InVivoPlus human IgG1 isotype control

Catalog #BP0297
Clone:
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$715.00 - $5,100.00

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Product Details

The human IgG1 isotype control antibody is purified from human myeloma serum and is of unknown specificity. This antibody is suitable for use as a non-targeting isotype control in various in vitro and in vivo studies. It can also be used as a negative control in various diagnostic applications such as ELISA, Western blot, immunofluorescence, immunohistochemistry, immunoprecipitation, and flow cytometry. For research use only.

Specifications

Isotype Human IgG1, κ
Recommended Dilution Buffer InVivoPure pH 7.0 Dilution Buffer
Formulation PBS, pH 7.0
Contains no stabilizers or preservatives
Endotoxin* <1EU/mg (<0.001EU/μg)
Determined by LAL gel clotting assay
Purity >95%
Determined by SDS-PAGE
Sterility 0.2 μm filtration
Production Purified from human myeloma serum
Purification Protein A
RRID AB_2687817
Molecular Weight 150 kDa
Human Pathogen Test Results Hepatitis B virus: Negative, Hepatitis C virus: Negative, Human immunodeficiency virus: Negative, Syphilis: Negative
Storage The antibody solution should be stored at the stock concentration at 4°C. Do not freeze.
* Additional quality control measures for our InVivoPlus™ products include advanced binding validation, murine pathogen screening, protein aggregation screening, and ultra-low endotoxin levels. The superior quality of our InVivoPlus™ products will meet and exceed the strict demands and rigorous standards required for in vivo research. Learn more about the InVivoPlus™ difference here.

Additional Formats

Li, M., et al. (2019). "Genomic ERBB2/ERBB3 mutations promote PD-L1-mediated immune escape in gallbladder cancer: a whole-exome sequencing analysis" Gut 68(6): 1024-1033. PubMed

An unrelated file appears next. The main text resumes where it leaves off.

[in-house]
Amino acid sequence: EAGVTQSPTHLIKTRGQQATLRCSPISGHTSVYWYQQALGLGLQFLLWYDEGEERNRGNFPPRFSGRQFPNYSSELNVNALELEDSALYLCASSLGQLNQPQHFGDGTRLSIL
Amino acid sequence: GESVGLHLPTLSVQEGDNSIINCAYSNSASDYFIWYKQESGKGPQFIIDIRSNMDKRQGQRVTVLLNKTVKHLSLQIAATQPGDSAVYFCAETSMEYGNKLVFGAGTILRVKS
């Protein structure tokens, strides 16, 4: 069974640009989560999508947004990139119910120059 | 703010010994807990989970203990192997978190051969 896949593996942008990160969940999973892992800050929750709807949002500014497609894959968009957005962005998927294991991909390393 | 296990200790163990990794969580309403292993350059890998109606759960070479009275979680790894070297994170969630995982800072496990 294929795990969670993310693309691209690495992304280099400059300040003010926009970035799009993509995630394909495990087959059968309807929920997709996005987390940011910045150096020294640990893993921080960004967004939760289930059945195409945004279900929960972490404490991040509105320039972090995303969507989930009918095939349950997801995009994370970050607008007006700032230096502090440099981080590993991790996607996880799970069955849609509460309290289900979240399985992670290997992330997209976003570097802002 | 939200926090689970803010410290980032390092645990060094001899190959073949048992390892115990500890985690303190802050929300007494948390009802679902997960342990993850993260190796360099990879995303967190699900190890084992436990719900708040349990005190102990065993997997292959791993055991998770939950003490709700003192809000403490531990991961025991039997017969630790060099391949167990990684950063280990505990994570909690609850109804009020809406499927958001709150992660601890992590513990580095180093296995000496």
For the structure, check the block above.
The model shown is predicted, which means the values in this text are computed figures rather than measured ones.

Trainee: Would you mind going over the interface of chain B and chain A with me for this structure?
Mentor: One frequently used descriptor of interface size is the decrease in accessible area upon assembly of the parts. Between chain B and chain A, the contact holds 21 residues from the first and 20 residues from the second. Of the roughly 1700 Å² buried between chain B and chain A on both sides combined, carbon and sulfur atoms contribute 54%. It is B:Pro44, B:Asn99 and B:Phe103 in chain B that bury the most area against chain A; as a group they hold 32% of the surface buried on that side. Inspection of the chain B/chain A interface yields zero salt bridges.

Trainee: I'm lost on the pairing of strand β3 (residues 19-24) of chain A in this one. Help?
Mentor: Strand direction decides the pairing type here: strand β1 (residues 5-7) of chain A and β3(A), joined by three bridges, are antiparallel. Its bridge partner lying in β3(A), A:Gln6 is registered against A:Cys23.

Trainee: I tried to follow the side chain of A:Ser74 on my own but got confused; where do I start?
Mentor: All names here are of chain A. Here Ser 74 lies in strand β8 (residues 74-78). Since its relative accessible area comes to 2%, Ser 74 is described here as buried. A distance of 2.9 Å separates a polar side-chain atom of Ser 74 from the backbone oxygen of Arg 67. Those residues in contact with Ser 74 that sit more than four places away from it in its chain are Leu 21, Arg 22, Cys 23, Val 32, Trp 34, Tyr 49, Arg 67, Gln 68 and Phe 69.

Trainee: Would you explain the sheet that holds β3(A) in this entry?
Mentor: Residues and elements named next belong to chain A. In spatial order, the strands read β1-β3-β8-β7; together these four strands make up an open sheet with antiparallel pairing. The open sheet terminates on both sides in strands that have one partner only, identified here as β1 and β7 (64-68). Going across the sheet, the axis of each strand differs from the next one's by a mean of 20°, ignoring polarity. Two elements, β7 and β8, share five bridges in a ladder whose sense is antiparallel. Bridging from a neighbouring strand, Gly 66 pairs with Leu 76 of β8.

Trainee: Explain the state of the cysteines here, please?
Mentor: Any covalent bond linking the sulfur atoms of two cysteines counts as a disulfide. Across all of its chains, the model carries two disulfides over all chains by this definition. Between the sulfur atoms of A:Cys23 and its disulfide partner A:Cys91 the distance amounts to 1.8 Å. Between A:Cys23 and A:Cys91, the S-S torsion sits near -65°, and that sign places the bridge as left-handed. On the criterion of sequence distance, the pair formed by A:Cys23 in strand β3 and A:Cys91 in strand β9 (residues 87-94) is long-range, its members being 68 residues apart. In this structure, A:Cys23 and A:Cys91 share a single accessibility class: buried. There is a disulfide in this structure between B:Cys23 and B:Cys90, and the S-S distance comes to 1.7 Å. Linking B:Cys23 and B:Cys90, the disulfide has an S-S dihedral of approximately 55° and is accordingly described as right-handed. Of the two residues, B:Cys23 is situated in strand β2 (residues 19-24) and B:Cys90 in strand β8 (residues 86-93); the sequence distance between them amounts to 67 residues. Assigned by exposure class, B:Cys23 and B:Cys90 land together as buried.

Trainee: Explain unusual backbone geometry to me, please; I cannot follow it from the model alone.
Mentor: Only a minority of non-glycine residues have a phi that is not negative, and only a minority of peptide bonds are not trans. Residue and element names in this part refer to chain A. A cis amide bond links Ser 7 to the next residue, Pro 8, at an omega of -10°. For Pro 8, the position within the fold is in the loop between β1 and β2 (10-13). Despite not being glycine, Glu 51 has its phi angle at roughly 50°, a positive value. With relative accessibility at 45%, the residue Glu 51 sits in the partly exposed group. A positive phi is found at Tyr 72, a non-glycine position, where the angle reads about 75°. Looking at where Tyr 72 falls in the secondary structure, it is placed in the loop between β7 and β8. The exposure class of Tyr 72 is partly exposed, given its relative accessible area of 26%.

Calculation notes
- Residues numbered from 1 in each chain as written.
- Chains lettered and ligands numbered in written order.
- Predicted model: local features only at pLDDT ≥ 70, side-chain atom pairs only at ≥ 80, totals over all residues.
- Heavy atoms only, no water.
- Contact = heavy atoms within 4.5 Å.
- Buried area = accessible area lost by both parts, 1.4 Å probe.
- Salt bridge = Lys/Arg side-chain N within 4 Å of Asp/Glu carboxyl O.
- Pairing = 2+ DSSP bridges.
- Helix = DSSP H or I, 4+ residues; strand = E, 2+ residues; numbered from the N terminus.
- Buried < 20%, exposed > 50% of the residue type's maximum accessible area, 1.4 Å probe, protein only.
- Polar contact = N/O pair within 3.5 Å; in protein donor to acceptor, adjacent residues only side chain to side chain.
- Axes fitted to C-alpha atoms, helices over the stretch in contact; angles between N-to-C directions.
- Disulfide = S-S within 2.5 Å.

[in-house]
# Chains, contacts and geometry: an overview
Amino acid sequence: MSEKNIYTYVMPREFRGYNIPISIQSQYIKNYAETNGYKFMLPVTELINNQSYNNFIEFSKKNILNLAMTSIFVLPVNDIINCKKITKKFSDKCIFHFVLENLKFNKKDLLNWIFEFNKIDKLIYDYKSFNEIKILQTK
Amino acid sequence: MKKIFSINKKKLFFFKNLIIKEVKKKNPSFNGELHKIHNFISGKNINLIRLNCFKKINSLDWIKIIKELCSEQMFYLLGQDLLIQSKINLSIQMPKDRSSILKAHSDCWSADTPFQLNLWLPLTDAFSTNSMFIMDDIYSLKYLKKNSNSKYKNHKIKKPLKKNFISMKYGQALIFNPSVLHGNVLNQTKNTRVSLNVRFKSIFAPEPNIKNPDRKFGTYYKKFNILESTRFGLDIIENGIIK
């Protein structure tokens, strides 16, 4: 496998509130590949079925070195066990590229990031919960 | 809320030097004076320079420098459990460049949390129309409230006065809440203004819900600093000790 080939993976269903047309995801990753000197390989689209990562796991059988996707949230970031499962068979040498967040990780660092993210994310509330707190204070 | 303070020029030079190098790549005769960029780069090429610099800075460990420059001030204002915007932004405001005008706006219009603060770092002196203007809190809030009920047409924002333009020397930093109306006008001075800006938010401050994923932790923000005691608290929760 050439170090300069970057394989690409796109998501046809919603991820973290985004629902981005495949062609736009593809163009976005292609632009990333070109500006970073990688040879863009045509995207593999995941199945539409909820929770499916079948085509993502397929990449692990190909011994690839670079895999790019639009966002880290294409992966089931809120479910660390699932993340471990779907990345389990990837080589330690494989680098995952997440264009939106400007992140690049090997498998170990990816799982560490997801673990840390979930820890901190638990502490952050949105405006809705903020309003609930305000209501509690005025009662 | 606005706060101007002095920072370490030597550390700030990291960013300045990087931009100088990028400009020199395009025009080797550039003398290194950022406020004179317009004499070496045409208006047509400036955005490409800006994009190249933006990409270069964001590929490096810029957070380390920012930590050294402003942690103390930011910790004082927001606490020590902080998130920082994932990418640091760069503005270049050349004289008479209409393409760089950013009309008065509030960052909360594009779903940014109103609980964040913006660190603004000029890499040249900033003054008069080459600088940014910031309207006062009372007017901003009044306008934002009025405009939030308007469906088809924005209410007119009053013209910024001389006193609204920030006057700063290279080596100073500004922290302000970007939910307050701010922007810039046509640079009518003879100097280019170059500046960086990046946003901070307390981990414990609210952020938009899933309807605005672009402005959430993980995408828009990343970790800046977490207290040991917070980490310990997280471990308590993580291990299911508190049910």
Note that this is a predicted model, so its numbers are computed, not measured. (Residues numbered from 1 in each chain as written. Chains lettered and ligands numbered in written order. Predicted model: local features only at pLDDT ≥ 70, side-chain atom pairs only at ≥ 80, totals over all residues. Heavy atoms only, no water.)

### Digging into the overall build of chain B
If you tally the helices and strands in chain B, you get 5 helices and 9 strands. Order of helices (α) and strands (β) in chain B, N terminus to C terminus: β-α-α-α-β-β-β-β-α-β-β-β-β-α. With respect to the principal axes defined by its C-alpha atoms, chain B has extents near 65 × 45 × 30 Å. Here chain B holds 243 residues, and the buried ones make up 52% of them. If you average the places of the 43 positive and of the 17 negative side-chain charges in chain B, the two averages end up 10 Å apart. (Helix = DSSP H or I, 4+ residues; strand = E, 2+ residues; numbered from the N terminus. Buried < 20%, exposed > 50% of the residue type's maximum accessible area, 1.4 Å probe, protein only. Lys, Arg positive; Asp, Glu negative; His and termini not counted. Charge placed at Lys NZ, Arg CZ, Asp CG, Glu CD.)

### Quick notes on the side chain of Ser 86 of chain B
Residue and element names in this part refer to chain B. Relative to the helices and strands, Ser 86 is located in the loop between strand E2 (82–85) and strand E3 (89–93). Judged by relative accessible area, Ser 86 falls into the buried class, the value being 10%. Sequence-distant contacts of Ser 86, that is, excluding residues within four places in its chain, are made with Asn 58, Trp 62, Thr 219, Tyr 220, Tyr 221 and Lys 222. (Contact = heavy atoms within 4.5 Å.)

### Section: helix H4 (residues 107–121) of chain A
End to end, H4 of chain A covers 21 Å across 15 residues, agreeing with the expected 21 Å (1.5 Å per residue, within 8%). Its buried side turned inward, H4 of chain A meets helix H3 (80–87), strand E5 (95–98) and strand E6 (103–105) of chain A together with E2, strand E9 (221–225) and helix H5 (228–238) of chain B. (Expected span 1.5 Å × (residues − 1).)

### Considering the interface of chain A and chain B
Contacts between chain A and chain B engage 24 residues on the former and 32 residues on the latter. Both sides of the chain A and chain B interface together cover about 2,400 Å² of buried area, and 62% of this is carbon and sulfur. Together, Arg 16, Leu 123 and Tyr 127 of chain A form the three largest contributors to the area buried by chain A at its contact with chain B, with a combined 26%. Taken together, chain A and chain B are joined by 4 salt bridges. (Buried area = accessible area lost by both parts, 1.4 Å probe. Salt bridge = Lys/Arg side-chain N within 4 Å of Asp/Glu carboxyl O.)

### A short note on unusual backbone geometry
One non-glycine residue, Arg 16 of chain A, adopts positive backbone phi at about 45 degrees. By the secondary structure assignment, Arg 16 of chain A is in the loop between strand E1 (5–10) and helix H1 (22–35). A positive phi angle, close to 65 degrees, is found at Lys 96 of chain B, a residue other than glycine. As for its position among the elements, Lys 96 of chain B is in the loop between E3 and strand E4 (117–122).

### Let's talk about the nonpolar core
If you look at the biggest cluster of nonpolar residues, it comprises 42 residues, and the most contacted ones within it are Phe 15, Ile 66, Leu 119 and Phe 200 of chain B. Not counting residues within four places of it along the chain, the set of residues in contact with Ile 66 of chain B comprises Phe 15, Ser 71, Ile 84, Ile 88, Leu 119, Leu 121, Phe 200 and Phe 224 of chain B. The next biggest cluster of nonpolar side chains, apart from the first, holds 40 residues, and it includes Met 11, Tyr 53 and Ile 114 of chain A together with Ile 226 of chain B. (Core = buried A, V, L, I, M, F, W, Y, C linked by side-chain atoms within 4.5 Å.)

OBJECTIVES: Patients with gallbladder carcinoma (GBC) lack effective treatment methods largely due to the inadequacy of both molecular characterisation and potential therapeutic targets. We previously uncovered a spectrum of genomic alterations and identified recurrent mutations in the ErbB pathway in GBC. Here, we aimed to study recurrent mutations of genes and pathways in a larger cohort of patients with GBC and investigate the potential mechanisms and clinical significance of these mutations. DESIGN: We performed whole-exome sequencing (WES) in 157 patients with GBC. Functional experiments were applied in GBC cell lines to explore the oncogenic roles of ERBB2/ERBB3 hotspot mutations, their correlation with PD-L1 expression and the underlying mechanisms. ERBB inhibitors and a PD-L1 blocker were used to evaluate the anticancer activities in co-culture systems in vitro and in vivo. RESULTS: WES identified ERBB2 and ERBB3 mutations at a frequency of 7%-8% in the expanded cohort, and patients with ERBB2/ERBB3 mutations exhibited poorer prognoses. A set of in vitro and in vivo experiments revealed increased proliferation/migration on ERBB2/ERBB3 mutation. Ectopic expression of ERBB2/ERBB3 mutants upregulated PD-L1 expression in GBC cells, effectively suppressed normal T-cell-mediated cytotoxicity in vitro through activation of the PI3K/Akt signalling pathway and contributed to the growth and progression of GBC in vivo. Treatment with an ERBB2/ERBB3 inhibitor or a PD-L1 monoclonal antibody reversed these immunosuppressive effects, and combined therapy revealed promising therapeutic activities. CONCLUSIONS: ERBB2/ERBB3 mutations may serve as useful biomarkers in identifying patients who are sensitive to ERBB2/ERBB3 inhibitors and PD-L1 monoclonal antibody treatment. TRIAL REGISTRATION NUMBER: NCT02442414;Pre-results.